Caught up in preparations for Bayfield High School’s spring musical performance of “Bright Star,” Josh Kaufmann’s 2020 track and field season – still blooming back in early March – was already disappearing a little too fast for his liking, with him attending preseason workouts only in spirit.
“The first week or two, didn’t get to practice with anyone at all,” he said. “But what I’d heard was that we had pretty good potential, even the up-and-coming kids.”
Kaufmann had promise in the throwing events as one of the prime Wolverines to watch this spring.
“I was going to throw (shot), but we weren’t going to make it my priority,” he said, addressing the question of possibly replacing graduated state champion David Hawkins. “We were just going to do it more to get first in league. I wasn’t really doing it to focus on placing at state; discus has always been my main event, my best event.”
Out of the top-10 placers at last May’s CHSAA Class 3A State Track & Field Championships, six were either sophomores or juniors, Kaufmann included. His third-place maximum of 145 feet, 6 inches (on his sixth and final throw, after successive 129-08, 136-05 and 145-01 build-up efforts) only trailed Sterling senior Jace Pittman’s winner by 13-04.
So, on paper BHS’ now-senior, beginning to attract college interest and receiving some early-bird contacts via social media, would have needed to pace himself against only Resurrection Christian junior Elias Naranjo, who fired a runner-up 152-07 best last season.
Fast forward to April 21: the Colorado High School Activities Association plays the COVID-19 situation safe and officially cancels all spring 2020 sports to eradicate all thinclads’ hopes of earning a return to Jeffco Stadium in Lakewood.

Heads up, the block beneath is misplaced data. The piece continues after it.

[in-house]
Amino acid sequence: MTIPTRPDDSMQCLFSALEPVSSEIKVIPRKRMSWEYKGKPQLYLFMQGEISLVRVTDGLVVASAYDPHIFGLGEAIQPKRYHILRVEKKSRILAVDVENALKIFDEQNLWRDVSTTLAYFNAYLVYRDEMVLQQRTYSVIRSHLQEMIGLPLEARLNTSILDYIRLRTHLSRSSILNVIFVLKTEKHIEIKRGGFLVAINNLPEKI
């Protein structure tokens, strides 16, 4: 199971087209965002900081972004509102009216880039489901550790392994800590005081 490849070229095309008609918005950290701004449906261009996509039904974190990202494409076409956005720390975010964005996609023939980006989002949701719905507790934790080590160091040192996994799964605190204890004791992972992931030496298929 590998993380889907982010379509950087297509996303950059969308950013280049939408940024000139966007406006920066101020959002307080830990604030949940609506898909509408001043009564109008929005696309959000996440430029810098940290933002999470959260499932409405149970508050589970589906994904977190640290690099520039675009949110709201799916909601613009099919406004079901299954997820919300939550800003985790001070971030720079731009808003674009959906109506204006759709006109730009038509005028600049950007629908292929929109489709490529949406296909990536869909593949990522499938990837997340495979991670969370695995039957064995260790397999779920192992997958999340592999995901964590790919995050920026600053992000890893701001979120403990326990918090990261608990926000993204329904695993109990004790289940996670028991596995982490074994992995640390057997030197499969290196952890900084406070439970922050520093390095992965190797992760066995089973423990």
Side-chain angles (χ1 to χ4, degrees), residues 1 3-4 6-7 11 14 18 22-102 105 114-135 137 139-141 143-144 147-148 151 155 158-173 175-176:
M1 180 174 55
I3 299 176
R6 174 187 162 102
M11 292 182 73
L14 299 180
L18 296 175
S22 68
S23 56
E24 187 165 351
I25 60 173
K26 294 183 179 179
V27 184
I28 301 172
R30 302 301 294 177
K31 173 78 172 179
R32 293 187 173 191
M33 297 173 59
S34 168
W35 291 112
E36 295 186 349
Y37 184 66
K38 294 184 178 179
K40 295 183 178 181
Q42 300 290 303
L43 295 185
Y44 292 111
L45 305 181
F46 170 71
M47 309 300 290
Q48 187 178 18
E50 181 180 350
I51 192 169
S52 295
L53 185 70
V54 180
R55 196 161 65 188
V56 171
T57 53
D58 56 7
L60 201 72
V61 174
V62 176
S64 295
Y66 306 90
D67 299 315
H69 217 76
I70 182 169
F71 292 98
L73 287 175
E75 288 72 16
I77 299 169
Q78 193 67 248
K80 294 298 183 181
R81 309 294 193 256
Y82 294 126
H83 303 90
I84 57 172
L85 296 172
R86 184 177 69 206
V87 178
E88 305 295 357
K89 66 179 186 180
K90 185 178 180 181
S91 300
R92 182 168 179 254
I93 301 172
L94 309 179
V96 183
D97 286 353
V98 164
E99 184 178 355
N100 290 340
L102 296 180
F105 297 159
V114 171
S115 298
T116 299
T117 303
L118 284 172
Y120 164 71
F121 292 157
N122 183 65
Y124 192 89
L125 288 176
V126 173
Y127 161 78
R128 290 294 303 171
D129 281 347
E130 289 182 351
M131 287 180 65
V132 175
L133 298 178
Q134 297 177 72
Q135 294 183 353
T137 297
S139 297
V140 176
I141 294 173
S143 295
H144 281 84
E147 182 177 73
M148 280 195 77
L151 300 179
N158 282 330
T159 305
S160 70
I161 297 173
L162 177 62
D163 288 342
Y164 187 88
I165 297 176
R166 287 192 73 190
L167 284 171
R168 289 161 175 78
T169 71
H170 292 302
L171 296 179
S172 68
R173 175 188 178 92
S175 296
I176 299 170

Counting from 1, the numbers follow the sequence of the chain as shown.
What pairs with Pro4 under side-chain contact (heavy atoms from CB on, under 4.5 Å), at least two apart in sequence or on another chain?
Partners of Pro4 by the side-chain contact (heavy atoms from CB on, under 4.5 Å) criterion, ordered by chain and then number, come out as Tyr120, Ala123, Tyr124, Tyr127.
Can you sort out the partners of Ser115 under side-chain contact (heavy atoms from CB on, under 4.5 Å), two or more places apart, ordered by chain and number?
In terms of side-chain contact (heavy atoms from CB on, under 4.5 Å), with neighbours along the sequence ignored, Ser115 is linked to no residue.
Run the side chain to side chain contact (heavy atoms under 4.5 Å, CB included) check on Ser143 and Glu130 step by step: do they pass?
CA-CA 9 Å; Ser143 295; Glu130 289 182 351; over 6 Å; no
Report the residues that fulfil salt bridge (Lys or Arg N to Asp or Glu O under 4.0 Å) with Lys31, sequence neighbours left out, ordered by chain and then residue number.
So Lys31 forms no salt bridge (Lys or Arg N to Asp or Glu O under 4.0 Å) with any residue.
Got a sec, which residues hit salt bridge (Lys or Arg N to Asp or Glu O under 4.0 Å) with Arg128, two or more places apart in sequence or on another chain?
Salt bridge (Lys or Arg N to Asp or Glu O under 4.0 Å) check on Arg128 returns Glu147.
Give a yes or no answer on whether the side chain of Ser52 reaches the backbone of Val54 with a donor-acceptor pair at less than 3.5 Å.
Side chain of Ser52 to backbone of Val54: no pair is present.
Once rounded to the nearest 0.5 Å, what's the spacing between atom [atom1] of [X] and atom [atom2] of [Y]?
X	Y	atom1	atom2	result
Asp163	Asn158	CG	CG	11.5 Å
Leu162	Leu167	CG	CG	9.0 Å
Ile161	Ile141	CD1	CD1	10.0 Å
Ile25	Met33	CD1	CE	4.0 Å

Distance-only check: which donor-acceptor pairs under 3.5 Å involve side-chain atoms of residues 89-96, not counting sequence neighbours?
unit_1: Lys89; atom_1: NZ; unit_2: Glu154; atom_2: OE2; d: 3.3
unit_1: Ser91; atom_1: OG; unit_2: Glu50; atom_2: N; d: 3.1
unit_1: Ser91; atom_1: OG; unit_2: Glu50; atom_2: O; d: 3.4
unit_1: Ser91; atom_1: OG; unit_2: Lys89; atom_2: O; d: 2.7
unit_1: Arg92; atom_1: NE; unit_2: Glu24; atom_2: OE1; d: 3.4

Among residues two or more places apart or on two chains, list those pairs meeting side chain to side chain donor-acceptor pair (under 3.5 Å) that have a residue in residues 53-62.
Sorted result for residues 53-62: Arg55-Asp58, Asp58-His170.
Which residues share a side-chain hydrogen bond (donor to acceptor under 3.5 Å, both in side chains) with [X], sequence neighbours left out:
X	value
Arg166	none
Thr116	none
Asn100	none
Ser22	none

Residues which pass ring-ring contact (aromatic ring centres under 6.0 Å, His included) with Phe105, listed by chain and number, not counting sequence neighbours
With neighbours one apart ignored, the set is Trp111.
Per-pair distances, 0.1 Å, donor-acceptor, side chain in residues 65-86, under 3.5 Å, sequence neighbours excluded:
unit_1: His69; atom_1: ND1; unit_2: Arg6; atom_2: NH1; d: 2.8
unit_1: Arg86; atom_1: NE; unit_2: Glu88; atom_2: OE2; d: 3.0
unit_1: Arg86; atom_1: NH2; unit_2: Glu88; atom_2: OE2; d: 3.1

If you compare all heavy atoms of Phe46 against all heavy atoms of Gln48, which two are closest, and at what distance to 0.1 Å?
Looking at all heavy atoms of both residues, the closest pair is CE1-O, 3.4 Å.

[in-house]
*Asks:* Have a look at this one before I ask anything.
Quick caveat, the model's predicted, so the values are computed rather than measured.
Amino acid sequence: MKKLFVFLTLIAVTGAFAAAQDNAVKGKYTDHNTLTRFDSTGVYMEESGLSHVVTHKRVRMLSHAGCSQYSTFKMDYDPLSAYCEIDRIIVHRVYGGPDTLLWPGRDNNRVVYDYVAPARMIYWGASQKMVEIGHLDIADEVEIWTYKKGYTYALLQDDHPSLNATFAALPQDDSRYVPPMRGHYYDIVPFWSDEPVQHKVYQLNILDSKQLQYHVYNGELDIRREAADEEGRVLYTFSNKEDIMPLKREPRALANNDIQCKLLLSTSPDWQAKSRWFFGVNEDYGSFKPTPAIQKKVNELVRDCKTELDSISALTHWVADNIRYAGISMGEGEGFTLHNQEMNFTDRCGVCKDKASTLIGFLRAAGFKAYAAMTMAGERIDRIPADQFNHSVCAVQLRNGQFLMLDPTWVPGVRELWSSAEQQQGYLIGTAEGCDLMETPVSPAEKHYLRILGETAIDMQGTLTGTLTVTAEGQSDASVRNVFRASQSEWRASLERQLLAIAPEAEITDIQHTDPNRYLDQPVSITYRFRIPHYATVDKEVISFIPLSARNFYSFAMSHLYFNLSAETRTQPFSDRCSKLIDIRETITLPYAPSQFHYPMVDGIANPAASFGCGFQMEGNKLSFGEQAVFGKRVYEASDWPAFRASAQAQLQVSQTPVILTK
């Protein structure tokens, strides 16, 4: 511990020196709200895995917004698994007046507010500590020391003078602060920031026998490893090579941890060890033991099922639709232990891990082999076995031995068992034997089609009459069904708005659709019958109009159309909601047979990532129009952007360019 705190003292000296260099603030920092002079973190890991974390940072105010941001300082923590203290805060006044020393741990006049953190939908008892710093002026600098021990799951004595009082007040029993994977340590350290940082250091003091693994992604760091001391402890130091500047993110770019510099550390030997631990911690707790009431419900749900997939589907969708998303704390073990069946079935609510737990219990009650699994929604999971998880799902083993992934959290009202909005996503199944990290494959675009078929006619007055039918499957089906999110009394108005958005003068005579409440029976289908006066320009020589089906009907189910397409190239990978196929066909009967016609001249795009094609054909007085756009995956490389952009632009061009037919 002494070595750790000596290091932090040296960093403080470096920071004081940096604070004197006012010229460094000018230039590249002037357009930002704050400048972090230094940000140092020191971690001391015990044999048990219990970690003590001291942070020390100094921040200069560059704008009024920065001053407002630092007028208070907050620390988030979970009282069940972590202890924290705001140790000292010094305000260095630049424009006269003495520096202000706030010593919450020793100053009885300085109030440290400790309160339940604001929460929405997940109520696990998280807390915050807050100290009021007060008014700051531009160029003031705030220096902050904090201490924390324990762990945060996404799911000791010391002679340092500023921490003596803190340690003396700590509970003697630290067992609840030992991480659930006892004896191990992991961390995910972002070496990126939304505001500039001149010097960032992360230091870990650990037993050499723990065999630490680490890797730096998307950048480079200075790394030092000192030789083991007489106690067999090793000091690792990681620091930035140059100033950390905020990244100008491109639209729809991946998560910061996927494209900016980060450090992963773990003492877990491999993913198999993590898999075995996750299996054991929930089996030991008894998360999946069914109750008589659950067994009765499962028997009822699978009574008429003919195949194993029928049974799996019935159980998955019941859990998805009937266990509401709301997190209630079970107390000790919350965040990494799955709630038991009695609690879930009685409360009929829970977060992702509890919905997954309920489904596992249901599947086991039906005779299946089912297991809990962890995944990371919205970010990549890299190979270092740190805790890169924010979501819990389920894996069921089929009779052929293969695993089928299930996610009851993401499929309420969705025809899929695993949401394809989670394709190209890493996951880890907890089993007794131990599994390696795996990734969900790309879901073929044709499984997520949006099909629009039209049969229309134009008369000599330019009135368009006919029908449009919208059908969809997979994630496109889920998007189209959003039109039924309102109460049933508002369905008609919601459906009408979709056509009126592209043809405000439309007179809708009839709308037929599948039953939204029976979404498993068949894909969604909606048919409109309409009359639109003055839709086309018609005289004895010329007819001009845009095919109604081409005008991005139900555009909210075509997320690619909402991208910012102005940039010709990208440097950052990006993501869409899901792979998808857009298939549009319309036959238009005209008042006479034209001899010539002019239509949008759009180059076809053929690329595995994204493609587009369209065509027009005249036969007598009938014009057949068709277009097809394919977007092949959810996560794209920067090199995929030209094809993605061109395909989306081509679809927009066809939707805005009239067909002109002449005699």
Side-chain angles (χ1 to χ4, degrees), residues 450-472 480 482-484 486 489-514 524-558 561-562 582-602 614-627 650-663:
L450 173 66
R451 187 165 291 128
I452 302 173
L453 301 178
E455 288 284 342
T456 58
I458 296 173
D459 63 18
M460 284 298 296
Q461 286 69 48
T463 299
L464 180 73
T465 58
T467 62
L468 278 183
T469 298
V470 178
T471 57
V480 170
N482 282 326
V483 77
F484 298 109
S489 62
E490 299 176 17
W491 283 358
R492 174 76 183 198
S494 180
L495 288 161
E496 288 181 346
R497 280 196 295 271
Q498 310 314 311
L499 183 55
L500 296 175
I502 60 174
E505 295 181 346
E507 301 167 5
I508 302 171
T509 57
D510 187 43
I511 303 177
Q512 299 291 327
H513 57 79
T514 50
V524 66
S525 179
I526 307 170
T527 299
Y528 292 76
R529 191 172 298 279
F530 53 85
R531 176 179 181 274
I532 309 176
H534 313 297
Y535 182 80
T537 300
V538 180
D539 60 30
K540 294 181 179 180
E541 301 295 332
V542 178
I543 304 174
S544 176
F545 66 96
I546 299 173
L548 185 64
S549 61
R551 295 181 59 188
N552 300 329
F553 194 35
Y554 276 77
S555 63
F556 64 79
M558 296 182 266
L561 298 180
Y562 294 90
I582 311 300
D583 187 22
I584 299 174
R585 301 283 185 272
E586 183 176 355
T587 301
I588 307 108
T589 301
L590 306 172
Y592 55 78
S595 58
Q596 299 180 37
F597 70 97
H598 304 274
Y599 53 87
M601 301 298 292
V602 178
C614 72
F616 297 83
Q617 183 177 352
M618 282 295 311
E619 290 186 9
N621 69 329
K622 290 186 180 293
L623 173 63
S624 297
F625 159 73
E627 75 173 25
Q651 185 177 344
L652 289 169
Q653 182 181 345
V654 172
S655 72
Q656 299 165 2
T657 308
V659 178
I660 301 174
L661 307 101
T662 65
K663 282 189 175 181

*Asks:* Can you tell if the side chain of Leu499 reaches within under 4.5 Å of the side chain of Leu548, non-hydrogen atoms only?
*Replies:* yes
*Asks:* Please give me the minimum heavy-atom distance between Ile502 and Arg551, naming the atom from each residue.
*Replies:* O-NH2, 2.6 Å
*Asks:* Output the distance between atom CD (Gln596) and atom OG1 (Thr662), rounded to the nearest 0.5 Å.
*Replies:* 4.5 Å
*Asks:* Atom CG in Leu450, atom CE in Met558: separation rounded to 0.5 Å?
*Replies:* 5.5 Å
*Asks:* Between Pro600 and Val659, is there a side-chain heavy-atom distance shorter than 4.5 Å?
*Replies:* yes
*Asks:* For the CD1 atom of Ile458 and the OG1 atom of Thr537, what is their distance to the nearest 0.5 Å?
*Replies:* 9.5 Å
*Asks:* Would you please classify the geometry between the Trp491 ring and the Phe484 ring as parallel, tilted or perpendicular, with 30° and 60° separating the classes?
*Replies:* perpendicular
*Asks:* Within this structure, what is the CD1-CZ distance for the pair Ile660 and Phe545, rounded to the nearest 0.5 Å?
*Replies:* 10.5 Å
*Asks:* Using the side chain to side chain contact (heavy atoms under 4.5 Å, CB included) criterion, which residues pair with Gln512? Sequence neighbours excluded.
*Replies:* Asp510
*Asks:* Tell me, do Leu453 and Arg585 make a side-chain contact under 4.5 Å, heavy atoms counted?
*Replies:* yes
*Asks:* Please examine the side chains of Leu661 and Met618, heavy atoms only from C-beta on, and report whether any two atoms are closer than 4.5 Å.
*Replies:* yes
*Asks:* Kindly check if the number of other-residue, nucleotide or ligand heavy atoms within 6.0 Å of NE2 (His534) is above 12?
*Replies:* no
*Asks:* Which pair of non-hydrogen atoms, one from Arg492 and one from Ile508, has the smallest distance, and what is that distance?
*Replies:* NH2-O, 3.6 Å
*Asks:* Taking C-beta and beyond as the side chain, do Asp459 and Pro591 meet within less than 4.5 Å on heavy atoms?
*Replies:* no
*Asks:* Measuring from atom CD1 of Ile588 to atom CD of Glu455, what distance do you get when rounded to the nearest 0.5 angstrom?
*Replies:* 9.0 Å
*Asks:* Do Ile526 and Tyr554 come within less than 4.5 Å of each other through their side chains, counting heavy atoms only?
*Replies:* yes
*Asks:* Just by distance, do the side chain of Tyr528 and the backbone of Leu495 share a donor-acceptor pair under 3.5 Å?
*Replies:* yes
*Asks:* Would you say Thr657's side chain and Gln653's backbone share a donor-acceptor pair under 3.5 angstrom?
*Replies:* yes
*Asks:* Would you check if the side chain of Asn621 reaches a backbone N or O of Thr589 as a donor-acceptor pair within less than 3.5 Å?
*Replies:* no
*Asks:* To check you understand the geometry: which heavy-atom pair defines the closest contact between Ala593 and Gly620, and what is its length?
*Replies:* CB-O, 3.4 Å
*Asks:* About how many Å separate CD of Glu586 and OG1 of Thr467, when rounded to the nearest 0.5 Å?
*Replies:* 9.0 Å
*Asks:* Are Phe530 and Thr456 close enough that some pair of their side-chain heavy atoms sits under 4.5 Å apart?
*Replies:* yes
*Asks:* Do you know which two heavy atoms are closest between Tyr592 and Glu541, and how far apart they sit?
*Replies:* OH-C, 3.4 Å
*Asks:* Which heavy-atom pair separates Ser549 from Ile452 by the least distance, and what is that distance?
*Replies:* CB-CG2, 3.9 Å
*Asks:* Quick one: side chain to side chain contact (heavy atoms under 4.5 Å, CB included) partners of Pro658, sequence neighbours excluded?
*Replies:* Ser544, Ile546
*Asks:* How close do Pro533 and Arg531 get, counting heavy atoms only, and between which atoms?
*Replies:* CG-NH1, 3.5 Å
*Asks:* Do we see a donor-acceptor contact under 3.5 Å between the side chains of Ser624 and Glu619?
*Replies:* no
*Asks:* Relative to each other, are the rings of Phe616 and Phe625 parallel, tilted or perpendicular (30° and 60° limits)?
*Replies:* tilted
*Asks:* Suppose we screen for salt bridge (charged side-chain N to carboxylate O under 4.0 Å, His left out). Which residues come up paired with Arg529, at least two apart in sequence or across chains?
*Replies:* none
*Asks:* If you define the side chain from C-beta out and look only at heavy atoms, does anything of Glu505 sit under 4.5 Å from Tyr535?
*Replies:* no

“I am bummed because it’s my senior season and I did have a good chance of getting at least top-two at state this year,” Kaufmann said. “But there’s nothing I can do; I’ve just accepted that I won’t be able to throw. It’s just a bummer; I love throwing discus, I love track and field, but now it’s not my focus.”
And with much more time on his hands entering the final month of studies and sports than he’d ever dreamed, Kaufmann admitted senioritis has been a concern somewhat on par with the rampant coronavirus.
“It’s really difficult to want to do my online (classes),” he said. “And I’ve talked to multiple seniors feeling the same way; it’s a very unfortunate time, keeping us from enjoying our last bit of senior year.
“But I’ve been passing the time.”
‘A lot of science’Kaufmann stated his post-Bayfield pursuits are already underway as he navigates nutrition and tackles training as a prospective bodybuilder initially eyeing the National Physique Committee’s 2020 NPC Salt Lake City Championships on June 13.
“I’ve been able to work out still, and I’ve been on a really strict diet – that’s all using up a lot of my time – so let’s hope it’s not canceled,” he said. “I have a friend who has a really nice home gym that I’ve been blessed with. Been able to still stay on top of (working out and on a very strict diet to get to a low body fat. I’m eating six meals a day – trying to eat every two to three hours – and tracking my calories.
“There’s a lot of science behind it. I’m very slowly burning body fat but maintaining muscle.”
‘I’m ready to go do something else”Though discouraged presently by pandemic protocols from meeting with him in person, Kaufmann’s training partner, a few months removed from a rock-solid freshman season of college football, seems just as eager to enter the new arena.
“You know, I thought about doing it last year – a competition – and then I went off to California to go play, so I wasn’t able to,” said Hawkins. “But this year the opportunity’s presented itself; I’m happy to do it.”
It’s now Hawkins’ main focus, as he has decided to step away from football.
“I chose to be done playing football,” he said. “Decided, you know, that I’m ready to go do something else.”
One of five Coloradans listed on Monterey (Calif.) Peninsula College’s 2019 roster, and hailing from by far the smallest hometown out of the group, Hawkins starred during his first season in the vast California Community College Athletic Association. Out of all its players, conferences and divisions, Hawkins finished tied for 31st in tackles per game (7.1) and tied for 21st in total stops (71).